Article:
Polish dig turns up no sign of fabled 'Nazi gold train'

Warsaw (AFP) - Two treasure hunters who have been digging for a Nazi gold train believed to be buried in southwest Poland said on Thursday they had given up after two weeks and zero results.

"There's nothing," said Andrzej Gaik, spokesman for the Polish-German team, which carried out the search near the city of Walbrzych using ground-penetrating radar, bulldozers and drills.

"Last night we shut down operations, which we have to admit, proved fruitless," he told AFP.

He added however that the team plan to resume their search in September at a site "right nearby" if they manage to secure authorisation.

The search results from a media frenzy sparked in August 2015 when German national Andreas Richter and Piotr Koper, a Pole, claimed to have located an armoured Nazi-era train using ground-penetrating radar.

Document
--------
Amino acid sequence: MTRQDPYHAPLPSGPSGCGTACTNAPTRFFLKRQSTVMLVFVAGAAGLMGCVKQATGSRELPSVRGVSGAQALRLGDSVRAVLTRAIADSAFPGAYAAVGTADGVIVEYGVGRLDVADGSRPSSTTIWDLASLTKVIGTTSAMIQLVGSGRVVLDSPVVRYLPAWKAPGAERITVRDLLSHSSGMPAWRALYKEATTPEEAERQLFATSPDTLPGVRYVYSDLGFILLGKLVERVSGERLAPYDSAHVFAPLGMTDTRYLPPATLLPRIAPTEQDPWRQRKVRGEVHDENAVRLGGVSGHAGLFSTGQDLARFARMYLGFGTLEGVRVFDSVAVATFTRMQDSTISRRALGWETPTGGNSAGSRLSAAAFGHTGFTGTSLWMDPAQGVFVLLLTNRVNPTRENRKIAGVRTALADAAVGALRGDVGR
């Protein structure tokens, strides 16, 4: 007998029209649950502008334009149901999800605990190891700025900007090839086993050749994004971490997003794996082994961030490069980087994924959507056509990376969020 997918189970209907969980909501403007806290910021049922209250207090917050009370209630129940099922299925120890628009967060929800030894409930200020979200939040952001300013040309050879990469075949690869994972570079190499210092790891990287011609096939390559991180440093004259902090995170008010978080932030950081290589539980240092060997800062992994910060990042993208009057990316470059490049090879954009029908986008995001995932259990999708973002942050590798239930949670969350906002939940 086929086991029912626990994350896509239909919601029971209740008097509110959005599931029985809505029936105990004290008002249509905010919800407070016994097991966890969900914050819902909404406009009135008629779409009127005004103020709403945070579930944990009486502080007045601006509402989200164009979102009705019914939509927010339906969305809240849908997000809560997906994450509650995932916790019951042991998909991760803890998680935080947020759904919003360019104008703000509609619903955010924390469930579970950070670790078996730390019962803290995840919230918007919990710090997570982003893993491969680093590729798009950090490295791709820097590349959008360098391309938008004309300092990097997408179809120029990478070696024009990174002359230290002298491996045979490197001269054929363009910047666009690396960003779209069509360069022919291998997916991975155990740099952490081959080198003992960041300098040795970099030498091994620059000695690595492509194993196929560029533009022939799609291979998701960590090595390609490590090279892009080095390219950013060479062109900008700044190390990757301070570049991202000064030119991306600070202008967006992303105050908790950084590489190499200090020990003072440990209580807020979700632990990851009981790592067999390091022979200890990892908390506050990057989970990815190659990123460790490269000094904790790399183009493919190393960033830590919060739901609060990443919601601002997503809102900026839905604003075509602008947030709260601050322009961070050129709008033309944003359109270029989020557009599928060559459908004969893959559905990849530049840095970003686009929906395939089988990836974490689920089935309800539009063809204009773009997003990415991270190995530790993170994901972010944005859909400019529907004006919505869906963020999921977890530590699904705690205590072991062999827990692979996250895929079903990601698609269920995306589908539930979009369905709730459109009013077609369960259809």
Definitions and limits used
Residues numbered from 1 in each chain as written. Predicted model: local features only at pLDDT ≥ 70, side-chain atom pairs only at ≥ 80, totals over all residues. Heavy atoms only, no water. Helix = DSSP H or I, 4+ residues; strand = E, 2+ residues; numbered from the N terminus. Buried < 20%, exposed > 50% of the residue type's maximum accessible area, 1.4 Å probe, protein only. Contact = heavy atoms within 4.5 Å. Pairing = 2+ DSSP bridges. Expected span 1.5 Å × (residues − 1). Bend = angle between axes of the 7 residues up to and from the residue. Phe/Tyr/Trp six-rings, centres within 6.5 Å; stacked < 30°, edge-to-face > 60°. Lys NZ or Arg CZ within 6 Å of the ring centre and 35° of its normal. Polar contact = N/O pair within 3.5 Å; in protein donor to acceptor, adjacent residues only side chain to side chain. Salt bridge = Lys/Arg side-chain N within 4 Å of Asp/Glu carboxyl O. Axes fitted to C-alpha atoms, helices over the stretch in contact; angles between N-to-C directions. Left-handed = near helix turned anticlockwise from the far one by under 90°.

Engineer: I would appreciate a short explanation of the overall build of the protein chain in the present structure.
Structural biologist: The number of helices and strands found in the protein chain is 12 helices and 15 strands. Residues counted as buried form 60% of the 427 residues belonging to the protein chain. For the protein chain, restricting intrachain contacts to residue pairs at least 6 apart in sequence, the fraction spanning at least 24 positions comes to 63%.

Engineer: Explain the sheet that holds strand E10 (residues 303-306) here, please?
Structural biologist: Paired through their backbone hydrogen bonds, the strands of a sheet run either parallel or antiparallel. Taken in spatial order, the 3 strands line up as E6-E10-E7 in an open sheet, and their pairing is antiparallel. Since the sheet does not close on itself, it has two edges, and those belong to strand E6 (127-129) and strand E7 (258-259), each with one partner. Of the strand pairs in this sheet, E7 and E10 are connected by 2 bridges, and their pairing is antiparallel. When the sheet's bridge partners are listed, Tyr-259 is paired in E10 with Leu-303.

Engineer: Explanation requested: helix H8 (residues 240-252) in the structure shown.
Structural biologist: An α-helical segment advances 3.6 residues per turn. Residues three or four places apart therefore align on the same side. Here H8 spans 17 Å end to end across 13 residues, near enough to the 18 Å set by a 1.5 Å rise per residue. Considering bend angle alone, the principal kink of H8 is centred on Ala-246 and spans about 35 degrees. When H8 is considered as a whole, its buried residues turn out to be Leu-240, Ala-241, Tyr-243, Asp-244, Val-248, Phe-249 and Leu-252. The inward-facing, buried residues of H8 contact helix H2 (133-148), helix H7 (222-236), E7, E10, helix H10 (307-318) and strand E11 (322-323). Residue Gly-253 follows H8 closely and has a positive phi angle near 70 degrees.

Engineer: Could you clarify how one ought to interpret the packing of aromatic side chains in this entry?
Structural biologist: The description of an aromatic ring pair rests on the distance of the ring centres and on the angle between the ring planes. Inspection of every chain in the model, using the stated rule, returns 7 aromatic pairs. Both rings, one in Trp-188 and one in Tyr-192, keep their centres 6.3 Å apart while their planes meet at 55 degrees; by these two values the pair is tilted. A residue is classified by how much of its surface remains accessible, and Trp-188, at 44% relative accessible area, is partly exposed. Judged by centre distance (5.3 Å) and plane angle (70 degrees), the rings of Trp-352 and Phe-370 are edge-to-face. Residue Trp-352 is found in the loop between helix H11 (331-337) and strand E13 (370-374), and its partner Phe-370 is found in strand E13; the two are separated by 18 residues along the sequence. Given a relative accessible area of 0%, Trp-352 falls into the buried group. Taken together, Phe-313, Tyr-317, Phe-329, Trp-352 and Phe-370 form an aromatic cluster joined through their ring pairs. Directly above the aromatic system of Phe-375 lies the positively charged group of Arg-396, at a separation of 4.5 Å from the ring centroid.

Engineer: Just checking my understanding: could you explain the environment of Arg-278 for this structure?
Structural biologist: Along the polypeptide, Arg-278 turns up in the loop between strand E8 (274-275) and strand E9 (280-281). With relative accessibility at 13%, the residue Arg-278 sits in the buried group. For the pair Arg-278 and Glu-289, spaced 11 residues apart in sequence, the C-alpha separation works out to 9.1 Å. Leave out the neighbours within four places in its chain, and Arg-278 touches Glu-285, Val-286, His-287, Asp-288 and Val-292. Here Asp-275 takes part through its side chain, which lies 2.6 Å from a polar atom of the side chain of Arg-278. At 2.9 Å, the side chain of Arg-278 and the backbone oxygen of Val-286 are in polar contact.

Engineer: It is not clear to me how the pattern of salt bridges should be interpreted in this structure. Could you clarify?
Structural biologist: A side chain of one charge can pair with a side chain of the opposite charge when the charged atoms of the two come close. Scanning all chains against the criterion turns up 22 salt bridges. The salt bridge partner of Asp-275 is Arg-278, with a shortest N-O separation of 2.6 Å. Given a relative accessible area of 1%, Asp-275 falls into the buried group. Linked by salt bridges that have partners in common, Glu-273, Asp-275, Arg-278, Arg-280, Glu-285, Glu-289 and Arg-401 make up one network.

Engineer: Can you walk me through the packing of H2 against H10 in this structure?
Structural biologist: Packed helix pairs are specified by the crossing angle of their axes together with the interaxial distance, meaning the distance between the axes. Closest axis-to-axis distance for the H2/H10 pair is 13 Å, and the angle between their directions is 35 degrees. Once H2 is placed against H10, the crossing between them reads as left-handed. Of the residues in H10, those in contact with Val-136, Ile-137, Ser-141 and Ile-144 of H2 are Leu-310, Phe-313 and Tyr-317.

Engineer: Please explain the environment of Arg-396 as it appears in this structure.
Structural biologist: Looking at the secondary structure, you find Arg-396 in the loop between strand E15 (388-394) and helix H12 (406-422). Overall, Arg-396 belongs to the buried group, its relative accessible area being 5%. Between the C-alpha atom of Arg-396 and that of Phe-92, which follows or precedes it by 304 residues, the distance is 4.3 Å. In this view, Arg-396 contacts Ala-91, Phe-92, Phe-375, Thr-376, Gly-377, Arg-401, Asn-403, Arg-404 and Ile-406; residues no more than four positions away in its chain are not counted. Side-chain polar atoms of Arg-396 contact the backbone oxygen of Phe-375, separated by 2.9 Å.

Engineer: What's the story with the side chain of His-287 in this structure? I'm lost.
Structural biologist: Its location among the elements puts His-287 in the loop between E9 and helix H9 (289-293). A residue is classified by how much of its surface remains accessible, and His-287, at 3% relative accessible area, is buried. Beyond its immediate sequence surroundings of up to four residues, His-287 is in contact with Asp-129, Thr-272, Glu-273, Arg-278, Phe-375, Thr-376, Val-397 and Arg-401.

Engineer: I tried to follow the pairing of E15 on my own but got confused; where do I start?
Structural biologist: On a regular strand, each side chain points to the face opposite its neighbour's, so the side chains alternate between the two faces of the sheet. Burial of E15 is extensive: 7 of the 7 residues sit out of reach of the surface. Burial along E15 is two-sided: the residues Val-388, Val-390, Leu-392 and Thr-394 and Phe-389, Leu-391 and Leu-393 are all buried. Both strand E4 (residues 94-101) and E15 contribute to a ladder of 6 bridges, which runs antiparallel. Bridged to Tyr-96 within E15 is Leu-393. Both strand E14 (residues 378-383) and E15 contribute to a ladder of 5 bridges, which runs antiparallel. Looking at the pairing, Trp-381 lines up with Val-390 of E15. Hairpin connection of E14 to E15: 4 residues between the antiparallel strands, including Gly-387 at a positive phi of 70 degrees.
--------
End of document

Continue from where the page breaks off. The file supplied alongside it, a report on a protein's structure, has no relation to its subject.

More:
They said they had discovered several carriages measuring 98 metres (320 feet) long, buried some eight to nine metres (26 to 28 foot) underground.

They said they believed the contents were mostly weapon prototypes, although local legend spoke of artwork, jewels and gold stolen by the Nazis.

The Nazis made prisoners of war dig a network of tunnels in the area -- and some locals have claimed the Germans tried to stash the loot there in early 1945 as the Soviet Union's Red Army closed in.

Since the duo's announcement, however, there has been little to back their claims.

Running tests in December, geologists from Krakow's prestigious AGH University of Science and Technology found no evidence for the train's existence.

But Richter and Koper ploughed ahead.

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